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    Now for the bad news...
    I got a little cocky and figured I would practice my snapped-off stud removing skills. I had a brand new set of easy outs, drilled the proper size hole, tapped in the easy out, applied heat, and....dang it. snapped off the easy out.
    I think it was probably not enough heat. The first time I tried turning the easy out, I could feel it twisting very slightly. At that point, I should have applied more heat because the second time I tried it, the easy out snapped even with the deck. I don't think I'll ever get that one out. :<(
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  8. #8
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    Quote Originally Posted by swolf View Post
    Now for the bad news...
    I got a little cocky and figured I would practice my snapped-off stud removing skills. I had a brand new set of easy outs, drilled the proper size hole, tapped in the easy out, applied heat, and....dang it. snapped off the easy out.
    I think it was probably not enough heat. The first time I tried turning the easy out, I could feel it twisting very slightly. At that point, I should have applied more heat because the second time I tried it, the easy out snapped even with the deck. I don't think I'll ever get that one out. :<(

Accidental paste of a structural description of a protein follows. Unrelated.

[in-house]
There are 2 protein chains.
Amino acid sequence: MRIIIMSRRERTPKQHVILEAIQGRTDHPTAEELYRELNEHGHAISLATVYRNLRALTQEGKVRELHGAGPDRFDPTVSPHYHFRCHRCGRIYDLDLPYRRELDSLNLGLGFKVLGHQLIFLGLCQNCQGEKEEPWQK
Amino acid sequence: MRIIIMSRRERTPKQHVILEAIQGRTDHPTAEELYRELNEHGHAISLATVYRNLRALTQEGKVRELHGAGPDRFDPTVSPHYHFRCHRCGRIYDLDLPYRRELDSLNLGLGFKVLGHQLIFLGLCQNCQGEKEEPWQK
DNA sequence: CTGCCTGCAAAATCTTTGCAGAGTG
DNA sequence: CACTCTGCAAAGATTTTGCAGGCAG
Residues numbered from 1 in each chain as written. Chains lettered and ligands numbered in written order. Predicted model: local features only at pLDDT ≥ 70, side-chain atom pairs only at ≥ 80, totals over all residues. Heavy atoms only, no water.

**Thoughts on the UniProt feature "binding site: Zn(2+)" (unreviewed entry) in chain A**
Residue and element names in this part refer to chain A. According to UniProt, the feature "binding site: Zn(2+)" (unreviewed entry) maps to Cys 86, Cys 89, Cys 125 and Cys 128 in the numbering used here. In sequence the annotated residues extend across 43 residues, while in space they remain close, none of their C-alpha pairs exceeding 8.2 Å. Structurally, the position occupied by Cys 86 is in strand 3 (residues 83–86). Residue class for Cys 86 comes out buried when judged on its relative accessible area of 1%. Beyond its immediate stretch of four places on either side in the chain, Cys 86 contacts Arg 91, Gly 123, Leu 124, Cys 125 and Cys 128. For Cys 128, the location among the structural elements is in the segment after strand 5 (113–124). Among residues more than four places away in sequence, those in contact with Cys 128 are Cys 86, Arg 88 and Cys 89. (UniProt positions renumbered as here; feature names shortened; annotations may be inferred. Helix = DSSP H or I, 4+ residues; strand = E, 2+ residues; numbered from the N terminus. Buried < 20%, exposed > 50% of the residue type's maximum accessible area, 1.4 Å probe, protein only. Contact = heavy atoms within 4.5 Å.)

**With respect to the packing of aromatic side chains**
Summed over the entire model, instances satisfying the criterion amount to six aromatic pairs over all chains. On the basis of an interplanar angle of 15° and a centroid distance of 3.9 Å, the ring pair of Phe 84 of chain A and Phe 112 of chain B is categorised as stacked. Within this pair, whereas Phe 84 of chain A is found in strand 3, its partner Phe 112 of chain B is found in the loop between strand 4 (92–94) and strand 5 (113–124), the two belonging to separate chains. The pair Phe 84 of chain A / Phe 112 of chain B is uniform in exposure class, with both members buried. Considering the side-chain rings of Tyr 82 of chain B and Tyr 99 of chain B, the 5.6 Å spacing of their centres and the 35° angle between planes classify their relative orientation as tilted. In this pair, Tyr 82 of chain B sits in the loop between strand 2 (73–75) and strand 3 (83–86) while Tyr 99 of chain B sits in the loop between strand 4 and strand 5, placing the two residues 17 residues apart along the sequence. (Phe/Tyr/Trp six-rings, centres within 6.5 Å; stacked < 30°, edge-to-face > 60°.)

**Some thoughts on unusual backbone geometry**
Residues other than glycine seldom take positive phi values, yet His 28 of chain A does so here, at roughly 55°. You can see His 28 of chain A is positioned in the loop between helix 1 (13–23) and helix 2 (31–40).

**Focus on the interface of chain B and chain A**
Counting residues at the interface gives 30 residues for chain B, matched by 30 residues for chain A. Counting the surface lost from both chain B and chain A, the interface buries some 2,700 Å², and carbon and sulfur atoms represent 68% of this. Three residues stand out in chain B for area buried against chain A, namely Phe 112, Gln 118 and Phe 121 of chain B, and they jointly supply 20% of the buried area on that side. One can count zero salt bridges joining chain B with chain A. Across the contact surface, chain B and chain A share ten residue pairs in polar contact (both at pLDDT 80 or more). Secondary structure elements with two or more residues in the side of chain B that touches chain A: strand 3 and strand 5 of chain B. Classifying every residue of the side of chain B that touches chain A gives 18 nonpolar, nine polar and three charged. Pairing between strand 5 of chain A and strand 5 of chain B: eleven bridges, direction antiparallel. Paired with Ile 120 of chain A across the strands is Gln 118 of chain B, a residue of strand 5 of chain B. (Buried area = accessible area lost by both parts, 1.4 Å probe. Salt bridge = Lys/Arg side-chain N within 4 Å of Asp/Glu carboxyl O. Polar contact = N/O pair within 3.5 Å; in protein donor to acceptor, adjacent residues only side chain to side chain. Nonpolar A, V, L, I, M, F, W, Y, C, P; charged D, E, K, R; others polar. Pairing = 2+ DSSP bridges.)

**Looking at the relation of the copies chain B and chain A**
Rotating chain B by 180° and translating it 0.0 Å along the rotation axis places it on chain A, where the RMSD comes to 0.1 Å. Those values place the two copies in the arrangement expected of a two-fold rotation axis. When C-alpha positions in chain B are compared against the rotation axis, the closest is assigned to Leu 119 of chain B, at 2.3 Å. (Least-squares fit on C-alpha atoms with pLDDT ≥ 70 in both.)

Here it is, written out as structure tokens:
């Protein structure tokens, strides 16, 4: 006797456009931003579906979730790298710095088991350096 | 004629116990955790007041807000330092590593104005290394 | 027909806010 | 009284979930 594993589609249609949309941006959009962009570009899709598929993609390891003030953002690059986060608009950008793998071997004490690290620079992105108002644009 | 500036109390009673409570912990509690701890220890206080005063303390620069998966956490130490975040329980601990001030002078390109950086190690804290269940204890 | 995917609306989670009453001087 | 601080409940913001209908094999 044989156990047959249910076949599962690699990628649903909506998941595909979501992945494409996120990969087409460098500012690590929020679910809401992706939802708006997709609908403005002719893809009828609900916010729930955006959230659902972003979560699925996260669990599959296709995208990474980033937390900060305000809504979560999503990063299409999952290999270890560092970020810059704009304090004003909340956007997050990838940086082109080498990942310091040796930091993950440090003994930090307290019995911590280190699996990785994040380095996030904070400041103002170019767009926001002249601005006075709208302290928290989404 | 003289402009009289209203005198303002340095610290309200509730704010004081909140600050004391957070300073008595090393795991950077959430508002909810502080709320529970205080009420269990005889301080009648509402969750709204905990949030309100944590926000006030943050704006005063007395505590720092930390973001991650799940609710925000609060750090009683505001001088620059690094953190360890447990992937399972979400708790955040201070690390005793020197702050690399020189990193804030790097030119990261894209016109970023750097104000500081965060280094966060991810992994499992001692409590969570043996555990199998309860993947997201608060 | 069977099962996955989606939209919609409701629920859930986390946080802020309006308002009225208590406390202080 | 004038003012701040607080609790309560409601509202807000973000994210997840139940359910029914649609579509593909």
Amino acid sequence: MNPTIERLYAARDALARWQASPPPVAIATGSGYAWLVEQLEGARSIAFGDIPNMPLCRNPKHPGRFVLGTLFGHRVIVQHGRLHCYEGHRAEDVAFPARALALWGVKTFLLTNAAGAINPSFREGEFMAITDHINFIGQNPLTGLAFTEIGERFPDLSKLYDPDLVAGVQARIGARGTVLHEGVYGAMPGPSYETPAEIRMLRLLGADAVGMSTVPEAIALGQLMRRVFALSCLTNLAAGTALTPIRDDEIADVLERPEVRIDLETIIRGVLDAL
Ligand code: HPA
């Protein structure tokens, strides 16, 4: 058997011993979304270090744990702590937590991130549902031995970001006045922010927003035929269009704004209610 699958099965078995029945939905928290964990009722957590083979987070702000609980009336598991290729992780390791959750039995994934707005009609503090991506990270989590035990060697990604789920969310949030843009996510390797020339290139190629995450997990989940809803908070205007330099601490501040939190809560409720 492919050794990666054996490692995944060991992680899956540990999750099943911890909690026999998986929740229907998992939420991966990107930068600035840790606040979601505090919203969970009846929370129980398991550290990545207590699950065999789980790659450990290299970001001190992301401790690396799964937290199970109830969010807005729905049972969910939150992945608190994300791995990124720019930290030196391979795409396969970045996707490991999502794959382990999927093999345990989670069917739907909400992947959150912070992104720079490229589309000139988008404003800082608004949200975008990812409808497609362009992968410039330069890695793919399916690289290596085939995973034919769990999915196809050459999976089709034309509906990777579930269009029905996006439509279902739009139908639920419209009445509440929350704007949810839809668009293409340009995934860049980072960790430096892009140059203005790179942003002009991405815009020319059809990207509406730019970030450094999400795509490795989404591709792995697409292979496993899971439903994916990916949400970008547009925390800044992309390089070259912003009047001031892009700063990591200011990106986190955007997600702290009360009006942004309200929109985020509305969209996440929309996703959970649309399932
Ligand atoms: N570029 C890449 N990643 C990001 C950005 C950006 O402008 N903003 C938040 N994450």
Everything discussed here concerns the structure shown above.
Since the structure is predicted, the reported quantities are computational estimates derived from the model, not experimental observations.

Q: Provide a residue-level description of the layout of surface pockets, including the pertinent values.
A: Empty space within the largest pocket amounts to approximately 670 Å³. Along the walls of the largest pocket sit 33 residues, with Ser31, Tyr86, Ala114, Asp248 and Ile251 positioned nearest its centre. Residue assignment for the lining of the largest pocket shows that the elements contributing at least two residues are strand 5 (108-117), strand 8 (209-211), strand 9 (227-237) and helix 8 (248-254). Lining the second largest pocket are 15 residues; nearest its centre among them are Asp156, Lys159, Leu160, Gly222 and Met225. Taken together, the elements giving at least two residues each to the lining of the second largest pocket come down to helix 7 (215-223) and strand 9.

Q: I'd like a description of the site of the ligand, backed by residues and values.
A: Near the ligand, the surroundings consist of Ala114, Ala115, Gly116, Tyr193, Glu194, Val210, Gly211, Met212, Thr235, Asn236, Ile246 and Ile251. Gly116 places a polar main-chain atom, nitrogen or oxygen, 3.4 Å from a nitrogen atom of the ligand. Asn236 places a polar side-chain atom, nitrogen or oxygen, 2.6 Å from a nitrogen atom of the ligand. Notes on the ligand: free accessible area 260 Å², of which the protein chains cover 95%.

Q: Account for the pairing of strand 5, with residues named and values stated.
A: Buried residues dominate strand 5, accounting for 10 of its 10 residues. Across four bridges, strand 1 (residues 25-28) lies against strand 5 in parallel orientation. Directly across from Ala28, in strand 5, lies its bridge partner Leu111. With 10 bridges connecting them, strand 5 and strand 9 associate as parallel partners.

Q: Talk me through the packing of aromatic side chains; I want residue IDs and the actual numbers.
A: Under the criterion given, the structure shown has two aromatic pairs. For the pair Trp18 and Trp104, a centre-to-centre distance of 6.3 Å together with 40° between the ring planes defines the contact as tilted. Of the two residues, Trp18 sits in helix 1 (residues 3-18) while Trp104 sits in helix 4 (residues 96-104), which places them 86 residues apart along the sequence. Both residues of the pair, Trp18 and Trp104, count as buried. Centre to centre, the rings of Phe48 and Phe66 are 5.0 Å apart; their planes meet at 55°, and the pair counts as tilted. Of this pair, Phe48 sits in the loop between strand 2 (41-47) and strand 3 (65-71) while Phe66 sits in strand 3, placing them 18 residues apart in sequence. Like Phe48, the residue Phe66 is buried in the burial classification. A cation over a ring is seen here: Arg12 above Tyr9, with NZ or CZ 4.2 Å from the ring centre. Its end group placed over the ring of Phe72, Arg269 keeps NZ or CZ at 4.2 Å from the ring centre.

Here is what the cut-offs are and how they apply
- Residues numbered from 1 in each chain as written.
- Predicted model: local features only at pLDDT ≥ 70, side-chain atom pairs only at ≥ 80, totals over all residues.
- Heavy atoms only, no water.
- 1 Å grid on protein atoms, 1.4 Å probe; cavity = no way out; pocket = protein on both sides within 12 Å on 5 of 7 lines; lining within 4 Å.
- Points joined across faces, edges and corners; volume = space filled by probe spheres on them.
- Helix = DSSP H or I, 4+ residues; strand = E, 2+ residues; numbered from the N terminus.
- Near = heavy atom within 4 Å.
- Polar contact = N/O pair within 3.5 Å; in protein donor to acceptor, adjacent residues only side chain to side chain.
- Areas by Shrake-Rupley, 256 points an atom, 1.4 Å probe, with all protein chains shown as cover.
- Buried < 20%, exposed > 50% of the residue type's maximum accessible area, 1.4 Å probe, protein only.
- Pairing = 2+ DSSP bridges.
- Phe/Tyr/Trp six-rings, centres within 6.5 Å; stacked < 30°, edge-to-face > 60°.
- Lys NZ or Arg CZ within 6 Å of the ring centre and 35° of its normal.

Even in the best of situations it can be tricky trying to remove steel bolts from aluminum. Sometimes the only method is to end mill out the center of the bolt and then pick the remaining steel threads out with a small dental pick.

    Jerry

  9. #9
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    Nov 2018
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    Reno NV
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    I tried to remove two cylinder studs from a spare left case I have yesterday. One came out and one broke off. Used same system and heat on both, so it can be a crap shoot if they come out. Broken studs typically need to be milled out as per Jerry's post, as they are an interference fit, and very tight.
    I also removed the locating screws on a 29 left case that hold the left bearing case race. I have two out so far, one to go that has had the screw slot previously butchered. This one may have to be drilled out. If I do this, I will need to make a new screw as I don't think they are available anywhere.
    Good luck.

  10. #10

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    Jerry and Mick,
    Thanks for your comments and insights. I'm glad this is a spare case that I hope I never have to use. In all my years of wrenching, and about a dozen attempts, I've only been able to remove one broken off bolt with an EZ. I saw two recommendations for EZ outs: One is a hollow diamond cutter bit and the other is a traditional EZ out, but the there are many more flutes and they are finer than the ones I'm used to seeing. The hollow diamond cutter was for drilling out a broken EZ out or broken tap. The fluted EZ outs was supposed to be tougher. Any comments on these two?
    John
    Diamond Tool Drill Bit b.jpgEZ Outs b.jpg